In addition, proponents and land managers should refer to the Recovery Plan (where available) or the Conservation Advice (where available) for recovery, mitigation and conservation information.
|EPBC Act Listing Status||Listed as Endangered as Pherosphaera fitzgeraldii|
|Listing and Conservation Advices||
Approved Conservation Advice for Pherosphaera fitzgeraldii (dwarf mountain pine) (Threatened Species Scientific Committee (TSSC), 2014am) [Conservation Advice].
|Recovery Plan Decision||
Recovery Plan required, included on the Commenced List (1/11/2009).
|Adopted/Made Recovery Plans|
Federal Register of
Declaration under s178, s181, and s183 of the Environment Protection and Biodiversity Conservation Act 1999 - List of threatened species, List of threatened ecological communities and List of threatening processes (Commonwealth of Australia, 2000) [Legislative Instrument] as Microstrobos fitzgeraldii.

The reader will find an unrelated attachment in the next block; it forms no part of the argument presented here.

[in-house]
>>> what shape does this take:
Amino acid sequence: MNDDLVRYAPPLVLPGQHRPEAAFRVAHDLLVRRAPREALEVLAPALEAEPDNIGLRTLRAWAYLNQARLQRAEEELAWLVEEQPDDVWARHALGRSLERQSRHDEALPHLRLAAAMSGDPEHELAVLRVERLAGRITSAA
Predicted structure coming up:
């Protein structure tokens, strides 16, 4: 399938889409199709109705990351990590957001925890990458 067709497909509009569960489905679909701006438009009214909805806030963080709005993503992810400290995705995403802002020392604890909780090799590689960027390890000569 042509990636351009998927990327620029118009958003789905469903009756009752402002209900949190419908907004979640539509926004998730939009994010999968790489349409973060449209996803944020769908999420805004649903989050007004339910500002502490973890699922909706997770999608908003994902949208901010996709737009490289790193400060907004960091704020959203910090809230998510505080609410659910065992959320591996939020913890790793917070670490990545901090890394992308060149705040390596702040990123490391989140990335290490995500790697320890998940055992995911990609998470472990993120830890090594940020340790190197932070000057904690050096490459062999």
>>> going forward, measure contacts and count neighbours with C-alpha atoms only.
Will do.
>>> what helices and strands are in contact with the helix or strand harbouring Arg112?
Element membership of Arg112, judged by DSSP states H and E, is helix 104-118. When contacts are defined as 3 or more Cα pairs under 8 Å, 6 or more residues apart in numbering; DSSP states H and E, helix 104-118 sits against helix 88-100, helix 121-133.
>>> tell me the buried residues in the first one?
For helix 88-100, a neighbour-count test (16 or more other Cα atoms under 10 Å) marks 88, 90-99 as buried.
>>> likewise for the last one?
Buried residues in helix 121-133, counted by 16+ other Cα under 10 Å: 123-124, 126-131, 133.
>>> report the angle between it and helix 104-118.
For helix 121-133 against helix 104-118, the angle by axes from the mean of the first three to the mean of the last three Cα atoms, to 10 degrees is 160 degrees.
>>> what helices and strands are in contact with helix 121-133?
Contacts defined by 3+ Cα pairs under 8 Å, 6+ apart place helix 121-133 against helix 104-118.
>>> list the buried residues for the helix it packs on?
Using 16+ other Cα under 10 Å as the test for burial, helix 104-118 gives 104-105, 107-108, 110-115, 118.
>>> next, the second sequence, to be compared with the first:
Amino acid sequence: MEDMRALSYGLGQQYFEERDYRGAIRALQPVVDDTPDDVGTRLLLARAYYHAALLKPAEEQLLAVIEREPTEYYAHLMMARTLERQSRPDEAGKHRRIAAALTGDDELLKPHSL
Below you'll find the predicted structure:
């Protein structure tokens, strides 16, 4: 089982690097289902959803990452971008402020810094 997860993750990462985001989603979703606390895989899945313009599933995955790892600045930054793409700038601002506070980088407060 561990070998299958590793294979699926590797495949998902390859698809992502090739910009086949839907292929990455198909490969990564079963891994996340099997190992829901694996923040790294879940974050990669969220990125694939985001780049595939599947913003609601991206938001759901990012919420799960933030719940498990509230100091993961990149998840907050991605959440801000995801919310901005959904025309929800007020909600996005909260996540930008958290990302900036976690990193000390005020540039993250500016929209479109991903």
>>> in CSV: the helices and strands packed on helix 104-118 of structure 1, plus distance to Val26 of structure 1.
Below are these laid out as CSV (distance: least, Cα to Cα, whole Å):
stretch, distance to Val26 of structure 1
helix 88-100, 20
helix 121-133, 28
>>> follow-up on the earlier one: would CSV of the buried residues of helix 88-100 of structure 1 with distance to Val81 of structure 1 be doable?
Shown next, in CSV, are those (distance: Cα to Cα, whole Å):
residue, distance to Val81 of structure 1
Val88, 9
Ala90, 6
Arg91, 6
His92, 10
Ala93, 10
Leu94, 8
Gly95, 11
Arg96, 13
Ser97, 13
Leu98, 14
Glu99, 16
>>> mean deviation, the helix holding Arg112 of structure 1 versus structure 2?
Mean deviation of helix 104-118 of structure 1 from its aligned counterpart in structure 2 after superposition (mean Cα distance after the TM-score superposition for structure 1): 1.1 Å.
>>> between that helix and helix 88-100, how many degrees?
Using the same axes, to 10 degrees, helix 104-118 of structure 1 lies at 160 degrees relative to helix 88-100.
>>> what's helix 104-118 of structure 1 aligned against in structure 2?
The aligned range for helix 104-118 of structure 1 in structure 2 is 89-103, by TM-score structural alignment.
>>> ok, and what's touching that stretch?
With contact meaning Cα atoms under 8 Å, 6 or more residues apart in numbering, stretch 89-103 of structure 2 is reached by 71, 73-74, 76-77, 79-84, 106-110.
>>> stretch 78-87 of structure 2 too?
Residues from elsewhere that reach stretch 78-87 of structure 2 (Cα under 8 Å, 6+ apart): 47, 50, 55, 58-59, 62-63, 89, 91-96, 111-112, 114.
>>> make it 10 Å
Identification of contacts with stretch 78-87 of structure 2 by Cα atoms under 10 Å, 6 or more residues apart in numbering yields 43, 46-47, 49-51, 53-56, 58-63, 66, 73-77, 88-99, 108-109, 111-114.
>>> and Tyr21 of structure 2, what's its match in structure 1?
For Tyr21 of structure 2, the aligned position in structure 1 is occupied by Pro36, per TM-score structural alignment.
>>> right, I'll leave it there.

Amendment to the list of threatened species under section 178 of the Environment Protection and Biodiversity Conservation Act 1999 (11/04/2007) (Commonwealth of Australia, 2007f) [Legislative Instrument] as Pherosphaera fitzgeraldii.
|State Listing Status||
|Non-statutory Listing Status||
|Scientific name||Pherosphaera fitzgeraldii |
|Species author||(F.Muell.) J.D.Hook.|
|Reference||Hooker's Icones Plantarum 14 (Jun. 1882) t. 1383|
|Other names||Microstrobos fitzgeraldii |
This is an indicative distribution map of the present distribution of the species based on best available knowledge. See map caveat for more information.
From Australian Plant Image Index
View larger image
|Other illustrations||Google Images
Scientific name: Pherosphaera fitzgeraldii
Common name: Dwarf Mountain Pine
Other names: Blue Mountains Dwarf Pine
The Dwarf Mountain Pine is an erect shrub up to 1 m high and 2 m in diameter, with drooping, or sometimes straggling, branches (Harden 1990).
The Dwarf Mountain Pine is a relic species which once enjoyed a wider distribution, probably during wetter, less fire-prone, periods (Leigh & Briggs 1992).